The hundredth anniversary of the Bauhaus, the school of architecture, crafts and art founded in 1919 by Walter Gropius in Weimar (Germany), is being celebrated this year with a host of exhibitions, debates, commemorations and events taking place throughout the world.
Taking inspiration from the centennial anniversary, this year, the third edition Barcelona Architecture Week will be dedicated to the legacy of various early 20th-century architectural movements, first and foremost, the Catalan movement known as GATCPAC (Grup d’Arquitectes i Tècnics Catalans per al Progrés de l’Arquitectura Contemporània – Group of Catalan Architects and Technicians for the Progress of Contemporary Architecture).
In Barcelona, the Bauhaus was presented in grand style in 1929 during the Universal Exhibition, when the architect Ludwig Mies van der Rohe, in conjunction Lilly Reich, designed not only the German Pavilion but also other buildings and pavilions, as explained by architect and historian Laura Martínez de Guereñu, author of one of the chapters of the joint publication Mies van der Rohe, Barcelona 1929.
The Bauhaus was based in three locations: 1919-1925 in Weimar; 1925-1932: in Dessau; 1932-1933: in Berlin; and had three directors: 1919-1928: Walter Gropius; 1928-1930: Hannes Meyer; 1930-1933: Ludwig Mies van der Rohe
In 1932, Mies invited Lilly Reich to give classes at the Bauhaus in the German city of Dessau, where she led an interior and fabric design workshop, the same course she would give in the Bauhaus School’s third phase in Berlin, where it would permanently close its doors in 1933.
The application of technology in home design and construction was another key point of the movement’s manifesto, along with the desire to create a new way of teaching architects, artists and designers by encouraging the creation of workshops and the return to manual activities, with the aim of breaking down barriers between artists and artisans, to return an apprenticeship through manual work.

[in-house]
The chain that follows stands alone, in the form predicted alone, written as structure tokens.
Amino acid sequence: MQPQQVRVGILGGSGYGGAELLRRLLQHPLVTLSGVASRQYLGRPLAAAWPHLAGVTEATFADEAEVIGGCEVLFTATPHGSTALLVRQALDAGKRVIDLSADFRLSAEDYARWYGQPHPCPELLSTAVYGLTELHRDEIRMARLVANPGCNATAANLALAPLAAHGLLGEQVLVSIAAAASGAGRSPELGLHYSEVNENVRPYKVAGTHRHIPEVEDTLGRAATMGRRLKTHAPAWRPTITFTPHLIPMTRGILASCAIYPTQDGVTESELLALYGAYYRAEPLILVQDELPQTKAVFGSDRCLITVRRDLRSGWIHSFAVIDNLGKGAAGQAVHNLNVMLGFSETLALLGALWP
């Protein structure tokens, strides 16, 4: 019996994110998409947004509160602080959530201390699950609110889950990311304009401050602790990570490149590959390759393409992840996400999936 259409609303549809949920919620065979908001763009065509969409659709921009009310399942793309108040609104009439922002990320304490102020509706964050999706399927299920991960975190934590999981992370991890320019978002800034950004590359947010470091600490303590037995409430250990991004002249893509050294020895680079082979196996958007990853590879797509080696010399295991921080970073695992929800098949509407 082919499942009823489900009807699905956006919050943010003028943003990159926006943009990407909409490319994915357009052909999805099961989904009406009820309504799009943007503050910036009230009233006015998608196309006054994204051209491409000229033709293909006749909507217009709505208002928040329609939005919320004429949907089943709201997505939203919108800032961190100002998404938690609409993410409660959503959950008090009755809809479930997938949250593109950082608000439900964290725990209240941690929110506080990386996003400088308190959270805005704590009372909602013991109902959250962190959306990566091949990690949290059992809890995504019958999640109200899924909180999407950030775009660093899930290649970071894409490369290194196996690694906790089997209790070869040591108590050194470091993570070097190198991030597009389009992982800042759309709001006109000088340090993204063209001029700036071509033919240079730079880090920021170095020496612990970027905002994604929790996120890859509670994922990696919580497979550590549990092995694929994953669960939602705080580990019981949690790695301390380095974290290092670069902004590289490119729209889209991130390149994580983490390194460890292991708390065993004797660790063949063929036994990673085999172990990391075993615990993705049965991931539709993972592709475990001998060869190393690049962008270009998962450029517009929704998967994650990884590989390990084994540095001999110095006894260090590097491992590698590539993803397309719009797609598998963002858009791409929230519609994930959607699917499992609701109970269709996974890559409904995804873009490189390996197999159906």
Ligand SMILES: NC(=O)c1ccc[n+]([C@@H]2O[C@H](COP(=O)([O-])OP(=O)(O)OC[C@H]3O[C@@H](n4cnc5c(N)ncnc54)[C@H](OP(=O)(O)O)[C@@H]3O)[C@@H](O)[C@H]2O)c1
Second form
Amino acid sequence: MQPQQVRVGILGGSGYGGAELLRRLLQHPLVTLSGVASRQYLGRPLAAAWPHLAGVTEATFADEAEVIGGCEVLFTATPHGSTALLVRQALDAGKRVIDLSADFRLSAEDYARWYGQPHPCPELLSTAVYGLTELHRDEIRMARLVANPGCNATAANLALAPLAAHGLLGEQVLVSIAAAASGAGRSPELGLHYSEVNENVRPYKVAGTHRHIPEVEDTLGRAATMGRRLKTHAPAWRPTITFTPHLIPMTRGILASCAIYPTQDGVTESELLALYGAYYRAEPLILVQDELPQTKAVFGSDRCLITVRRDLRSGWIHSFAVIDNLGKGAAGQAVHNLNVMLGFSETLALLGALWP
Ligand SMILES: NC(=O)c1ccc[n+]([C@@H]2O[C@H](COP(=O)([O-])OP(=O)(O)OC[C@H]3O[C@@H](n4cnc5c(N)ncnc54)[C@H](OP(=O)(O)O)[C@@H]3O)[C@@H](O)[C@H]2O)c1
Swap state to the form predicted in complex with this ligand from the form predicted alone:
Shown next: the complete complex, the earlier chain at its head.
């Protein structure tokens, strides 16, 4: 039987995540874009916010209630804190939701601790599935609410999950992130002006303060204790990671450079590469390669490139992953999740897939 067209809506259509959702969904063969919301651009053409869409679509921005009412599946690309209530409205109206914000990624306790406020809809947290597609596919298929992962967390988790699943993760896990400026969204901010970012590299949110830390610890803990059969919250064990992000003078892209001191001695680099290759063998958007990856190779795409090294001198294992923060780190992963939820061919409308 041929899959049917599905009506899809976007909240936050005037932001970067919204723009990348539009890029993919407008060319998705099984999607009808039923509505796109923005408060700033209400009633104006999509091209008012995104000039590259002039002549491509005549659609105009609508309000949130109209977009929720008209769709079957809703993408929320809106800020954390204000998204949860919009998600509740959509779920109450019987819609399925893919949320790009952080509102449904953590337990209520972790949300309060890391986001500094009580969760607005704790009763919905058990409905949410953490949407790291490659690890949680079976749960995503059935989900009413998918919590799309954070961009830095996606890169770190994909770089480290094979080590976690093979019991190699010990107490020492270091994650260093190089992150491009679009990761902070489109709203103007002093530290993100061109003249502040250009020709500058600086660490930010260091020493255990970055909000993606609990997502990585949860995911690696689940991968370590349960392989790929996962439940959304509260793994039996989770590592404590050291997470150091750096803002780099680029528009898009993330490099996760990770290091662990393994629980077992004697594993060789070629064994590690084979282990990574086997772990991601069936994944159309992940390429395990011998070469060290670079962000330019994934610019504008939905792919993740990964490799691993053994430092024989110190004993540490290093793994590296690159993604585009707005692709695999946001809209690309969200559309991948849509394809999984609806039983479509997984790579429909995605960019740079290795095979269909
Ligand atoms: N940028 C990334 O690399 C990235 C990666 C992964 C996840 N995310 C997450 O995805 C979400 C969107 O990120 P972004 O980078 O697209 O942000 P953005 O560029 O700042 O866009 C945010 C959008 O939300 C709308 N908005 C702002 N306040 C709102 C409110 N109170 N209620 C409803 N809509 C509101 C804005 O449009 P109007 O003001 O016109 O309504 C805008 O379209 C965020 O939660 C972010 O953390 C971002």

Among the values that stand out in the movement which Gropius began, perhaps one of the most remarkable, was its criticism of the separation of skills, as the Bauhaus manifesto proclaims in its conclusion: “So let us therefore create a new guild of craftsmen, free of the divisive class pretensions that endeavoured to raise a prideful barrier between craftsmen and artists! Let us strive for, conceive and create the new structure of the future that will unite every discipline, architecture and sculpture and painting, and which will one day rise heavenwards from the million hands of craftsmen as a clear symbol of a new belief to come” (https://bauhausmanifesto.com/).
In taking some of the iconic housing blocks of the disciples of the Bauhaus and other great architects of the early 20th century, one notes the inextricable relation between architecture and interior design, which included the construction of custom furniture which, precisely at that time, became possible to start mass producing.
The chairs are among their most iconic pieces, which in many cases are still being manufactured today.
Villa Tugendhat in Brno (Czech Republic), a masterpiece from the German architect Ludwig Mies van der Rohe in conjunction with the interior designer Lilly Reich, was built between 1929 and 1930.
Declared a World Heritage Site by UNESCO, it is “a remarkable example of the international style found in modern architecture as it was developed in Europe at the beginning of the 1920s”.
Mies and Reich, who had been collaborating with one another since 1926, designed the furnishings down to the tiniest detail; from lamps and furniture to revolutionary aeration and heating systems, and even a precursor to the home cinema. The Brno chair (model number MR50), which forms part of the MoMA collection, was designed for the bedroom of the house. Its C-shaped frame is made of a single piece of steel, with a leather upholstered seat. There are two versions of this chair, which seem to defy the elasticity of steel, one made of tubular steel and other in flat steel.